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Wednesday, May 22, 2024

Choosing Between Cocoa and Galamsey

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In 1898, a blacksmith by the Tetteh Quarshie, who happened to be playing his trade on the island the Portuguese had named Fernando Po (in Equatorial Guinea now called Bioko), saw a particular tree the fruits of which fascinated him. The fruits, in hard pods, contained seeds around which were a sweetish glue-like sap that intrigued his palate and taste buds. He found it a sweet thing to eat.

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In time, he had to come back to his native land, the place named the Gold Coast by the British, which we now call Ghana.

So, coming back to the Gold Coast, Tetteh Quarshie decided to bring back some of the seeds of the tree to plant for his edification. And thus was born the Cocoa industry, which has since become a major source of wealth for the Ghanaian economy.

The powder made out of the dried hardened seeds of the Cocoa plant is drunk as a beverage worldwide. It is widely accepted as having medicinal properties, and widely recommended for use as an aphrodisiac in its unsweetened form. As a sweet, no party or get together would be complete without it. It is a lover’s staple; women love it, particularly women in love.

Every year, Ghana exports billions of dollars’ worth of cocoa beans into the diaspora, and has been doing so for decades. It is without doubt the single biggest booster of the Ghanaian economy to date. And will probably occupy the same prestigious spot for decades to come.

But the cocoa industry is under attack, by a most insidious enemy. The enemy is illegal mining. Illegal mining is currently destroying thousands of hectares of cocoa farms across the regions of Ghana. It is also virtually destroying all the river bodies and there is no indication that this would come to an end anytime soon. It is quite clear that the galamsey menace, unless tackled frontally, would destroy much of Ghana’s agriculture, and the cocoa industry.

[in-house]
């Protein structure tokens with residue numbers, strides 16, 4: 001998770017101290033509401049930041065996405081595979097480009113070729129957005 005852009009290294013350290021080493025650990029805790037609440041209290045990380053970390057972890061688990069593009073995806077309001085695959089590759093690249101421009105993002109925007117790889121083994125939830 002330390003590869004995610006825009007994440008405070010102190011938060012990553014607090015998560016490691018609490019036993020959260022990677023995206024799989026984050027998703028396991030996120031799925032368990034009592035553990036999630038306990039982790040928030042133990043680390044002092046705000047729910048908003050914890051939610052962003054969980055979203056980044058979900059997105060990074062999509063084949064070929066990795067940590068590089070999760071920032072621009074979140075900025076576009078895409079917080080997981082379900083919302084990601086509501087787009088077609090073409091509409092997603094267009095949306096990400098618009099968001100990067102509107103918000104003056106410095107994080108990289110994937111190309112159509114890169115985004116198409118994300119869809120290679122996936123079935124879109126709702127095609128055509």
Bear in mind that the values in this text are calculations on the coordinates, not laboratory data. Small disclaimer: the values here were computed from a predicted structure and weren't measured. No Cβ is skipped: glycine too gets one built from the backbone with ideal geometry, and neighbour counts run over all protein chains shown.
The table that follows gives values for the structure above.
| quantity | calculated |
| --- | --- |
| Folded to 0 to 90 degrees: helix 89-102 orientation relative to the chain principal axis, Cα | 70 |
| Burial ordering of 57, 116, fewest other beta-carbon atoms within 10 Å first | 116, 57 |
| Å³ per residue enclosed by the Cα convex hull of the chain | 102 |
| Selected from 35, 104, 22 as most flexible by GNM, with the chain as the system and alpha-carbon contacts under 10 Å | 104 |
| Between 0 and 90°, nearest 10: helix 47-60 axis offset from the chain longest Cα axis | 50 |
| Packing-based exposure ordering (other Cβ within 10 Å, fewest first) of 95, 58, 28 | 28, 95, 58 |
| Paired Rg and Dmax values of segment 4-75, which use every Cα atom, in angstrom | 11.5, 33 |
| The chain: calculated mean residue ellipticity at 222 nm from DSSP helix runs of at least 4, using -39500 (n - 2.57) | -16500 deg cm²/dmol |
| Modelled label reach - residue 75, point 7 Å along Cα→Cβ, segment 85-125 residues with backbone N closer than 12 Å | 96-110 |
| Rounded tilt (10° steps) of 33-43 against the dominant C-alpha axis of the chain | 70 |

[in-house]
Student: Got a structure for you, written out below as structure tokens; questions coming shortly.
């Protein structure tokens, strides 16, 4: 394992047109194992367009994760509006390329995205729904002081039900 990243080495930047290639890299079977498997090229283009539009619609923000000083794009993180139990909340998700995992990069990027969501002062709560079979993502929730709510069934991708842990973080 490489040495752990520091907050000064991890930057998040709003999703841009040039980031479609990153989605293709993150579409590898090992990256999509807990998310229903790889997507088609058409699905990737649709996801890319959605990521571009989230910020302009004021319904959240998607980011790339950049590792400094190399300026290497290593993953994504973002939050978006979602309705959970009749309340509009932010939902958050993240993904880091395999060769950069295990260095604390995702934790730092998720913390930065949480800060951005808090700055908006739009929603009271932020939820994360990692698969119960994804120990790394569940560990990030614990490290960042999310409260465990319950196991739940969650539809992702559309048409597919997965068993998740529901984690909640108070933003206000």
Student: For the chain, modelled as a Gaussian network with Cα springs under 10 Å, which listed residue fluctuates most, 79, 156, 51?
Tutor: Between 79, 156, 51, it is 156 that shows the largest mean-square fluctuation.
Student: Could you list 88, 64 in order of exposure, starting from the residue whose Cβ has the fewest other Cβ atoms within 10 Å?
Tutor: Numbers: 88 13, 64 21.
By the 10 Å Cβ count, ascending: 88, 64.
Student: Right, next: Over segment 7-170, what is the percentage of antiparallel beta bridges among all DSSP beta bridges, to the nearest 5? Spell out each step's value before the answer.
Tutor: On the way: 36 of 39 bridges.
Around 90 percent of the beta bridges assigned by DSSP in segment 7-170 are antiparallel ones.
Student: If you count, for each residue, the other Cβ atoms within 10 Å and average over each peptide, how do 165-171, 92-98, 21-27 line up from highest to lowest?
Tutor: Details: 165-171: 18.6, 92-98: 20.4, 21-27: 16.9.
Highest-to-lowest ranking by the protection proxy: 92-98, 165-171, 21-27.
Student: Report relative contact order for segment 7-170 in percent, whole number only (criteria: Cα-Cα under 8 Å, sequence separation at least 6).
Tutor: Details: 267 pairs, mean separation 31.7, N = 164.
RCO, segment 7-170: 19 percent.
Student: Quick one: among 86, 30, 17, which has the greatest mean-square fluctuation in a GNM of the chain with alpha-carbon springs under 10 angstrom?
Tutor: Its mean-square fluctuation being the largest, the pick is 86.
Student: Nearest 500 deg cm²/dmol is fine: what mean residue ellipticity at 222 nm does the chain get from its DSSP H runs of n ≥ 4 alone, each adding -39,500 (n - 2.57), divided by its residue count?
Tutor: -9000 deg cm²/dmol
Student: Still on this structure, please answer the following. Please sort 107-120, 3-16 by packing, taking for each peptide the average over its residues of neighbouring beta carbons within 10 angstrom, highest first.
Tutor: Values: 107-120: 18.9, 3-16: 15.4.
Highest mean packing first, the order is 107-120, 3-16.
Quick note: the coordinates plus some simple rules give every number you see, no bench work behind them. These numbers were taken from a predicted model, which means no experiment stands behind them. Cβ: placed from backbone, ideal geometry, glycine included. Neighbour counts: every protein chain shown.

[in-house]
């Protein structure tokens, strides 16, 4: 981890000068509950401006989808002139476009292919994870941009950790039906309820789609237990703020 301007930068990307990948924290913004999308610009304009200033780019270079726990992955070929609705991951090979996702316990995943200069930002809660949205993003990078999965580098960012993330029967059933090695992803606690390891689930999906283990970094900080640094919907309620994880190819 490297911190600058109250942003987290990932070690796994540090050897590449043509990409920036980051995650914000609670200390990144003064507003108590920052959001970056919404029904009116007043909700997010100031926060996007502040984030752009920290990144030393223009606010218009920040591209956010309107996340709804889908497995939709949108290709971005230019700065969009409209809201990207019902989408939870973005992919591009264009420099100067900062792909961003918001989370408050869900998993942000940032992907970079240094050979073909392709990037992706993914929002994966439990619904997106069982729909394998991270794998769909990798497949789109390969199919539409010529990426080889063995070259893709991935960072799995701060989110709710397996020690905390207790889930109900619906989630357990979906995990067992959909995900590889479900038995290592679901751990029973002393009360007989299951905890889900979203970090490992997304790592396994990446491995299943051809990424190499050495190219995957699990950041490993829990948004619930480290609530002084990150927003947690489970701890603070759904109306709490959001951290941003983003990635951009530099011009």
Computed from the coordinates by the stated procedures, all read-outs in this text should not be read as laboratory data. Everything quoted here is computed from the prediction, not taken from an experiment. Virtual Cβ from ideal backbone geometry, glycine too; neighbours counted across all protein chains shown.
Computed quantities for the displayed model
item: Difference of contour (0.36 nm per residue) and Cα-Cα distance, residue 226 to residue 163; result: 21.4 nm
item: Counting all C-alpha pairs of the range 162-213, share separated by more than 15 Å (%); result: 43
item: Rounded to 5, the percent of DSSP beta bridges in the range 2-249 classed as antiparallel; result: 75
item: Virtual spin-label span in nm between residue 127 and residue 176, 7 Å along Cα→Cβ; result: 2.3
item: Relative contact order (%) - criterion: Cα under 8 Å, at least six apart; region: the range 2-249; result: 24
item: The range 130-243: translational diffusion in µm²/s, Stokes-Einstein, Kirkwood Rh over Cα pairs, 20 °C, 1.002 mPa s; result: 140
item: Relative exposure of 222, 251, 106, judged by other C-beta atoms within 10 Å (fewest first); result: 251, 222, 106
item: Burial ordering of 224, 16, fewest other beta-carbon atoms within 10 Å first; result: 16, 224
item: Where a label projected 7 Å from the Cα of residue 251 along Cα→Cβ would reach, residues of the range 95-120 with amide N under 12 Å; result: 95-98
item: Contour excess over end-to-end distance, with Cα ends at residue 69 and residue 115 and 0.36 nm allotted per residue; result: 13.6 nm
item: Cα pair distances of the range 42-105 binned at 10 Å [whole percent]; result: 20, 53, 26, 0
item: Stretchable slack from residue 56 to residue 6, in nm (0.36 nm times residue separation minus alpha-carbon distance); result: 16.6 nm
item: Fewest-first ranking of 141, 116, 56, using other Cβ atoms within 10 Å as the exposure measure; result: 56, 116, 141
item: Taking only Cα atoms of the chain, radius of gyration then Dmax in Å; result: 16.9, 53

This menace is very obvious. What is also obvious, is that Ghana has a Minister of Agriculture, and we also have a Board Chairman and a Chef Executive Officer for the Ghana Cocoa Board (CCOBOD). In fact, I understand that the COCOBOD is so important that it is under the direct purview of the Minister of Finance. So that at every Cabinet meeting, the issue of cocoa should have at least two powerful voices speaking for it.

But if these two voices are speaking, the evidence on the ground is that their voices are not having the needed effect. Galamsey is still raging, and farms and rivers continue to be destroyed.

So much so, that recently, the Chief Executive Officer of the Ghana Cocoa Board, Joseph Boahen Aidoo, disclosed that the organisation has refunded $250 million it acquired from the African Development Bank for irrigation purposes in cocoa farms.

According to him, the Ghana Irrigation Authority, who were the consultants tasked to execute the project, advised against its feasibility due to the contamination of rivers by illegal mining activities, which posed a threat to cocoa trees.

“When Cocoa Board went to the African Development Bank to secure some US$600 million, then we had to return $250 million. Part of that money was intended for irrigation.

“We commissioned the Ghana Irrigation Development Authority to do a pre-appraisal for our assessment and the report we brought was that almost all the rivers were contaminated.”

The above is happening in Ghana, at a time that the flag bearer of the ruling government, Dr. Mahamudu Bawumia, has pledged that if given power, he would deepen the process of mining even more.

I am certain that if confronted, his apologists would say that Bawumia was speaking about legitimate, certified mining. But really, what is the difference between legalized and illegal mining? Both destroy lands and rivers, with legalized mining having the capacity to destroy the environment on a scale far bigger than illegal mining can ever achieve.

Ghana now stands at a crossroads, faced with a choice between mining and galamsey, and saving the cocoa industry. Given Bawumia’s rhetoric, I am certain about where his choices would lay. He would waste the funds of Ghana, probably supported by the ailing cocoa industry, to create a plant and equipment pool to mount an even more insidious attack on lands and river bodies, so that he can become President.

This article was originally published under the column PERISCOPE DEPTH, published every Monday in the Daily Searchlight newspaper.

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